To closer shades the panting flocks remove,
Ye Gods! And is there no relief for Love?
But soon the sun with milder rays descends
To the cool ocean, where his journey ends;
On me Love’s fiercer flames for ever prey,
By night he scorches, as he burns by day.

Alexander Pope

I subscribed to a new email notification service from a site called, and this is my first poem from them…. nice choice! Enjoy!…..

I feel like one
Who treads alone
Some banquet-hall deserted,
Whose lights are fled,
Whose garlands dead,
And all but he departed.
— Thomas Moore (1779-1852) — Oft in the Stilly Night

I often feel like this after writing one of my political or religious rants, but it isn’t an unfamiliar feeling. For most of my life I’ve felt a certain distance between me and other folks. When in school as a boy, it was just how things were for us “eggheads”; other kids who found school work to be tedious or difficult often expressed their displeasure at the ease with which I completed the work, or that I always seemed to have the answer to the teacher’s questions.

It was obvious to me even then that they didn’t enjoy reading or studying subjects outside their normal frame of reference as did I; I got a lot of funny looks at lunch time when I would read while eating. They didn’t know that the book was, for me, a protective barrier as well as an enjoyment; they didn’t realize how hard it was to be ostracized for being smart. How could they understand, when they were the one’s perpetrating the divisiveness?

Even though it hurt some, I never minded their misunderstanding that much; the joy of learning, and the power of the knowledge it gave me was more than enough reward for me. It was harder on them, I think, to try to get through school when they worked so hard to deny the tools that would have helped them. I never could get why so many of my peers complained about how hard school was, or how unfair, when it was so easy for me. Back then, without the understanding and tolerance that age brings with experience, I just thought it was lame. “It’s a poor workman who blames his tools” always made perfect sense to me….

I guess it would be safe to say that the human experience is not for the faint of heart; it takes some strength and will to be able to fully appreciate all the facets that make up a human being. Loneliness, remorse, fear, heartache, loss, emotional stress of all kinds are part of what makes us what we are, balancing all the good things of which we are capable. Many of us never even consider such ideas, making it that much harder to deal with them when they occur.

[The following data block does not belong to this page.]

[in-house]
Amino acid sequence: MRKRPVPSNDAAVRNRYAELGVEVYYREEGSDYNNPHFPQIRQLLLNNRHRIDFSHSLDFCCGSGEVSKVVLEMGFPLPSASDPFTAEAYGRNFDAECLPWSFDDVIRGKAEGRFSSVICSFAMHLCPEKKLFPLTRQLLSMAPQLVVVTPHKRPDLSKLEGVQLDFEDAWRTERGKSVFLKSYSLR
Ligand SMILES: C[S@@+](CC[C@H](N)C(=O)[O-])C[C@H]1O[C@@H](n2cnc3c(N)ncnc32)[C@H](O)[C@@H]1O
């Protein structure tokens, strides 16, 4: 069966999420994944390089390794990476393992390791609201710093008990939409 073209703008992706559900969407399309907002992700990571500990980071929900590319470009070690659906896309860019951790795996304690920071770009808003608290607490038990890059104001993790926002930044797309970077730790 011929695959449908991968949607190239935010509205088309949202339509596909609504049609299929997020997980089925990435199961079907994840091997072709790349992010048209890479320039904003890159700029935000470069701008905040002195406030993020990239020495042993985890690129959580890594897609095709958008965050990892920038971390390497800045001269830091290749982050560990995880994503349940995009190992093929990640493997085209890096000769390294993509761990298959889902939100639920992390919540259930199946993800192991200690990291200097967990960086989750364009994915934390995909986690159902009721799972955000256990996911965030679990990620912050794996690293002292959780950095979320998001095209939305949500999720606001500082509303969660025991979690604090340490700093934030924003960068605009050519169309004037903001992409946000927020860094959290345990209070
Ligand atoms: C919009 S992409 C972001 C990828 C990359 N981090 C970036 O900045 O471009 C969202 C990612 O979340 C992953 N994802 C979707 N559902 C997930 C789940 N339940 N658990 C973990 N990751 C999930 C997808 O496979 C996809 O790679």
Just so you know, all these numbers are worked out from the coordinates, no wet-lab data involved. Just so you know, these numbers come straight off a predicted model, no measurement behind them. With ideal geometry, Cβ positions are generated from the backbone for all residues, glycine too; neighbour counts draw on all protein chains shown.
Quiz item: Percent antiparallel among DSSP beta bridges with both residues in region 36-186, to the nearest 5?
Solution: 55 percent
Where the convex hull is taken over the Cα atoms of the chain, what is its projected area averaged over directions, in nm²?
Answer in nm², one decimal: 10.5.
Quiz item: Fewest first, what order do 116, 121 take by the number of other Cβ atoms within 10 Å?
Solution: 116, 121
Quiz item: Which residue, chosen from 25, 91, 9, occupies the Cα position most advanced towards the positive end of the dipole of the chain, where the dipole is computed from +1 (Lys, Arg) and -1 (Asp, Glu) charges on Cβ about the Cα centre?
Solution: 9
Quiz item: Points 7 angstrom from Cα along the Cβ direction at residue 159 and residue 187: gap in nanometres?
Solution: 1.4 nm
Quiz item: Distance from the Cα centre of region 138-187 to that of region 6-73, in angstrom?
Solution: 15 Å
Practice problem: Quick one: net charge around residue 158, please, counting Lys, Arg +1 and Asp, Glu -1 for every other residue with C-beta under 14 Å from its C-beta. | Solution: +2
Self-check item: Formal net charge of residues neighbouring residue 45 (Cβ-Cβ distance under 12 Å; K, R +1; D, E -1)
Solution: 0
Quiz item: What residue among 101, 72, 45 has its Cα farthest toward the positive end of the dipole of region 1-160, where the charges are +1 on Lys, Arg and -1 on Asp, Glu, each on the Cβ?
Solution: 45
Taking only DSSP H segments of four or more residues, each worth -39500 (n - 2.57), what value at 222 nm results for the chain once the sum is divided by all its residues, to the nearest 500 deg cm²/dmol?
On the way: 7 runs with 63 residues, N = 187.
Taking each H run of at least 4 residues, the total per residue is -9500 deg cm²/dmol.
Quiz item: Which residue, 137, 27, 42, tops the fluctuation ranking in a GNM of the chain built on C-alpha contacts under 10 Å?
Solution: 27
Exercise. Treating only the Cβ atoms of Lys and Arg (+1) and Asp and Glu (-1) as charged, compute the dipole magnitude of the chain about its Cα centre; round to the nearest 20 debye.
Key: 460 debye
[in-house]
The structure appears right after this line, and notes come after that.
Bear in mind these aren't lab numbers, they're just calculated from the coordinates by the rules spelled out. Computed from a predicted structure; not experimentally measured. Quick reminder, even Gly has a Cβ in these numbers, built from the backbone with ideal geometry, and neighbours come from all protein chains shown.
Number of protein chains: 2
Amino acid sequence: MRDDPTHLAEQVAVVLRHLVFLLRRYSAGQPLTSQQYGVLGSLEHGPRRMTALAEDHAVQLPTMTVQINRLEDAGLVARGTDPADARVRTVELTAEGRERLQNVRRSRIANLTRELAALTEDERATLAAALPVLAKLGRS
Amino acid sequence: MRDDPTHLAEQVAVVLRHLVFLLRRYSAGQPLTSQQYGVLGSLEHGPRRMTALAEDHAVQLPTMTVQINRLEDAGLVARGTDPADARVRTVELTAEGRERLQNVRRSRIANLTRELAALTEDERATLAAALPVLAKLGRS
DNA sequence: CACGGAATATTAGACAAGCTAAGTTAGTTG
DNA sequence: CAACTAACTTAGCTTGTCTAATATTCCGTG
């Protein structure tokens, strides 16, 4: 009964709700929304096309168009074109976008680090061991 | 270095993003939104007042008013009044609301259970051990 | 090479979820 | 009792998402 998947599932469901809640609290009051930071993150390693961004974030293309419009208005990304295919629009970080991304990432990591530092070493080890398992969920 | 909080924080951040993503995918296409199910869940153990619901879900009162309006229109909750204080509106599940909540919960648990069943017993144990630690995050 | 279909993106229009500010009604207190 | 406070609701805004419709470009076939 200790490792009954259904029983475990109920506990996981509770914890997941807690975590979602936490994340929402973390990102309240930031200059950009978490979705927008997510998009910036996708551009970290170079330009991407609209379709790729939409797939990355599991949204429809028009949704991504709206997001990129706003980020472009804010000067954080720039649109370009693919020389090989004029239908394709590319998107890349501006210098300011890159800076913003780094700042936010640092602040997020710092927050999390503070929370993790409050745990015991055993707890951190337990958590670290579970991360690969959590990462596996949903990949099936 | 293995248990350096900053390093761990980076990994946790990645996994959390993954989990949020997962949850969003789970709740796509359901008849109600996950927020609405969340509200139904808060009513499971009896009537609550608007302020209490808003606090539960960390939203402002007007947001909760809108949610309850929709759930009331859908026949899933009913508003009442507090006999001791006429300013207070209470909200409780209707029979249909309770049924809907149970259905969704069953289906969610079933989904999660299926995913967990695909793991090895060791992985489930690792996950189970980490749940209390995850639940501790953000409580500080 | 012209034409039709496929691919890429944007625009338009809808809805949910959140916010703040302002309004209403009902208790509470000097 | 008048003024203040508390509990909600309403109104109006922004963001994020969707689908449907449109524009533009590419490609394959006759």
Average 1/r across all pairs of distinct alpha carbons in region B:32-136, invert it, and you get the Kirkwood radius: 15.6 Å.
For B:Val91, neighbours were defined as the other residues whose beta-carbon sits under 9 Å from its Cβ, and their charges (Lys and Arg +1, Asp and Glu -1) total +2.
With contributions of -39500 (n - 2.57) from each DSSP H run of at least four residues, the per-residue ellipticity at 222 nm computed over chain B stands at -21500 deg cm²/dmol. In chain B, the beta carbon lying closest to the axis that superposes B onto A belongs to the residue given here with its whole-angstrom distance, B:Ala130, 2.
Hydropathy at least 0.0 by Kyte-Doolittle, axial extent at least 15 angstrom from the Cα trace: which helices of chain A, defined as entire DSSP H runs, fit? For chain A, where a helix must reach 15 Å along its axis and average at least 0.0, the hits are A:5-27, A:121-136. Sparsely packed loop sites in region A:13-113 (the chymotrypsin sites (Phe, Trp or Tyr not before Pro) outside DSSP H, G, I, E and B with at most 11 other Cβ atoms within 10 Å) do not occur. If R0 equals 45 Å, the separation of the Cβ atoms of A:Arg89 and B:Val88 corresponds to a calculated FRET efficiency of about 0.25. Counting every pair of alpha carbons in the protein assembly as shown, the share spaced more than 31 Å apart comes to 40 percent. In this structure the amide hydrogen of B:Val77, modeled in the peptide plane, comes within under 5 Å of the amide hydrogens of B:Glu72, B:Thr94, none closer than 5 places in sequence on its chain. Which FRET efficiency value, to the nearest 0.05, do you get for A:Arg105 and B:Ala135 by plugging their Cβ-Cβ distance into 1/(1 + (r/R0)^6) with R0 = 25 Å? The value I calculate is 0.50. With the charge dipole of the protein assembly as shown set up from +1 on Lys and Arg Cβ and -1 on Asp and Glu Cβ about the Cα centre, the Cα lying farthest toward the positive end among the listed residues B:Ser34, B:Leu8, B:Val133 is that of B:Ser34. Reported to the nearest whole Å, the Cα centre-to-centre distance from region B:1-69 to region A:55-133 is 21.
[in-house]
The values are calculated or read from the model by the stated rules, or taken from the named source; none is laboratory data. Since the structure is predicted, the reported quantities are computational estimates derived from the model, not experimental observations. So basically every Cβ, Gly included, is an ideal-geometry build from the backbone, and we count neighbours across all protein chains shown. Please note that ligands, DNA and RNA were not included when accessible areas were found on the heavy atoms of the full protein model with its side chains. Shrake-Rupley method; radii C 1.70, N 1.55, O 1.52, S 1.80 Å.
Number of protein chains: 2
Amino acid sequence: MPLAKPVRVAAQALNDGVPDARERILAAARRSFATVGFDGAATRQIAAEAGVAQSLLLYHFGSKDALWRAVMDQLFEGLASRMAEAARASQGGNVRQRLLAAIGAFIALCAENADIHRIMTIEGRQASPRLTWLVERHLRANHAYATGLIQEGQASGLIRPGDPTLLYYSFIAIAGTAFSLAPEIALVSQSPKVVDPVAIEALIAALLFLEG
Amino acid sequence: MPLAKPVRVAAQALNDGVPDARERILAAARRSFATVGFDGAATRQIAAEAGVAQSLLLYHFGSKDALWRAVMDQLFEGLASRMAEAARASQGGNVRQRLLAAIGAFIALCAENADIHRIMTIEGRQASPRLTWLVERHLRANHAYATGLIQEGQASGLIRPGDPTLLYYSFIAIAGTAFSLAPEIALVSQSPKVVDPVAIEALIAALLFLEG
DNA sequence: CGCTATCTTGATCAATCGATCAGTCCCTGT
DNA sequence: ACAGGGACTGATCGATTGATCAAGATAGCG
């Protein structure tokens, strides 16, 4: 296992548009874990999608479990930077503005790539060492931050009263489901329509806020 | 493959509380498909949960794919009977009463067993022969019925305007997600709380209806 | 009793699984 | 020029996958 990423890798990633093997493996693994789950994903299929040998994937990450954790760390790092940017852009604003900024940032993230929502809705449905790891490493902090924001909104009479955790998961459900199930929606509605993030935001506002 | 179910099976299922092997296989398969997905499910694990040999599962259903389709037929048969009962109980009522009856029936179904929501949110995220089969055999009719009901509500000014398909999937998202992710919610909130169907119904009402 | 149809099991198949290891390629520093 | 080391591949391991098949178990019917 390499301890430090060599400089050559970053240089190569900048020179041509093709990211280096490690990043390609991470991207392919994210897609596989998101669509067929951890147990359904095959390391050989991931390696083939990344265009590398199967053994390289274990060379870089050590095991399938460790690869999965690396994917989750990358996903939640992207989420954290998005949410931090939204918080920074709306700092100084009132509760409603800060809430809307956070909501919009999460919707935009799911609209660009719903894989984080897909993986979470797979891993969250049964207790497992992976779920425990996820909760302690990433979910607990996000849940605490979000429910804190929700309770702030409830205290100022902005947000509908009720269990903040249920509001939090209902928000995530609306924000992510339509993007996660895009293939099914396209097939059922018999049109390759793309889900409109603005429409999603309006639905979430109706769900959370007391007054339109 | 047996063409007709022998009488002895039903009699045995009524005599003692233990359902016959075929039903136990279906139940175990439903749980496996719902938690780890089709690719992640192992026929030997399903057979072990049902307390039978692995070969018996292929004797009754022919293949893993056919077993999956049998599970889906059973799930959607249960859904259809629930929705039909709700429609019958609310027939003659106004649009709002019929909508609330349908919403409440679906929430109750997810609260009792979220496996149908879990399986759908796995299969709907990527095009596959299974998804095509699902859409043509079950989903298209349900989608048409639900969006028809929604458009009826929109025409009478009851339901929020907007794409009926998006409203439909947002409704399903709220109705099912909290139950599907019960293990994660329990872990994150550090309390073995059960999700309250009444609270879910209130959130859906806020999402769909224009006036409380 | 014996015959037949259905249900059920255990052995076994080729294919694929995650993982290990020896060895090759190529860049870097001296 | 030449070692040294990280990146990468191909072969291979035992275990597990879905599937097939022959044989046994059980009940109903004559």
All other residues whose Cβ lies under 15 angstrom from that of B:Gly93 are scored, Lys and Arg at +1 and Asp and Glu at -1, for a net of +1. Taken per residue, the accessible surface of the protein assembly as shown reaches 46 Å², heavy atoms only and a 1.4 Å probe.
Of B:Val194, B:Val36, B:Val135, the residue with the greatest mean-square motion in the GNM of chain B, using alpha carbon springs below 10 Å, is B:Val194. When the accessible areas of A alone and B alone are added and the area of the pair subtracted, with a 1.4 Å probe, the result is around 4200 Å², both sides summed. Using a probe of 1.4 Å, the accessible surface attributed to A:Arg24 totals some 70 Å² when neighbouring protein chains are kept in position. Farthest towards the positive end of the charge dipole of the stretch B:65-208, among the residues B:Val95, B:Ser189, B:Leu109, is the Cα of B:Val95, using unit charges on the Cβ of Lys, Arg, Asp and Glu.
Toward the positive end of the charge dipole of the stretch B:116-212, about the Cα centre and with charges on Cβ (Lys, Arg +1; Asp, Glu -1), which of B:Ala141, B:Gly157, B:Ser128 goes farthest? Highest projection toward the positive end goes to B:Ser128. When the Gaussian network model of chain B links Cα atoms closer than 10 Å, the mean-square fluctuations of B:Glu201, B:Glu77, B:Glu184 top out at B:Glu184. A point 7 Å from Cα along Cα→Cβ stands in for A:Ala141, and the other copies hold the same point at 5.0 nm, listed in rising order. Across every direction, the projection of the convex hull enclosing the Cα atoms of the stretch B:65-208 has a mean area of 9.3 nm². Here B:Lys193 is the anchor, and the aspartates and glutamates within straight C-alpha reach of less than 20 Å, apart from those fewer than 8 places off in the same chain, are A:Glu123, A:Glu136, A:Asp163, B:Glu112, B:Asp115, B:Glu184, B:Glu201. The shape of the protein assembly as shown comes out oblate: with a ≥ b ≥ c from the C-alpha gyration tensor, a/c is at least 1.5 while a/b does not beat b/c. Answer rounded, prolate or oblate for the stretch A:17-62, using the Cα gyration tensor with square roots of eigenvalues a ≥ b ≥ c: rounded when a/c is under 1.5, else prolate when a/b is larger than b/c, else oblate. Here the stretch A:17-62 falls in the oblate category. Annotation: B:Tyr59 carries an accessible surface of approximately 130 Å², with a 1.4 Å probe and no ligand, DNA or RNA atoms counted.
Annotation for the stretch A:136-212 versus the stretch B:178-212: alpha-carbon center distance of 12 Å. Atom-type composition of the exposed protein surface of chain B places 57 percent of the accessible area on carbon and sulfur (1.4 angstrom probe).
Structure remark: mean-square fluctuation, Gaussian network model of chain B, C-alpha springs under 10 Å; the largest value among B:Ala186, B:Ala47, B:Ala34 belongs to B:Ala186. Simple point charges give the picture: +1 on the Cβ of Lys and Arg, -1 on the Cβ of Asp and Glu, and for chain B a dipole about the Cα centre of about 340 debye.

It occurs to me that this reluctance to use the basic intelligence with which we are born is a root cause of a great many of the problems the world at large faces today. Mankind’s unwillingness to apply the power of the mind to tasks that challenge it, or to any concept that makes it work hard, has kept us from advancing as far, or as fast, as might otherwise be possible.

We are our own worst enemy, and lack the wit to see it…. and, unfortunately, I believe it will eventually be our undoing…. But, I keep trying, shouting into the wind, and will do so as long as I breathe, because, little reason though I may have, I love my brothers and sisters, all seven billion of them, and would much rather they woke up and smelled the coffee….

It is Maya!
Dost thou not know her?
Illusion — dreams — phantoms.
But, to the wise, Maya is more.
But, to the wise, Maya is more.
Look around:
All that thou see’st,
Trees and shrubs, The grass at thy feet,
All that walks or creeps,
All that flies from tree to tree,
All is unreal: All is Maya.
Our bodies, our limbs, our very thoughts.
We ourselves are slaves to Maya.
What remaineth?  Who can say?
Love to the lover,
The child to the mother,
The song to the singer,
God to the worshipper;
These, wandering thro’ the world of Maya,
Are perchance shadows of that which is.

— Holst, Savitri (based upon the sanskrit Mahabharata)

Reality is a slippery little devil; at times one can’t grasp its true nature with both hands and a vice grip. Even duct tape won’t always confine it to one shape, and that is saying something.  The ancient Indian philosopher who wrote this either knew this, or got into a powerful batch of cannabis indicus, and couldn’t find his way out. But, nonetheless, whoever wrote this managed to capture the chameleon-like quality of Reality, and to state it simply and beautifully.

At this point in time, any comments on the nature of said Reality from me would be not only superfluous, but would most likely add to the confusion already present in the very nature of what we are discussing. So, I won’t make any…. I’ll let Reality confuse you all by its lonesome, a task at which it has unlimited experience, and proven talent…. enjoy it while you still can! You never know when it will turn into something else less pleasant to contemplate….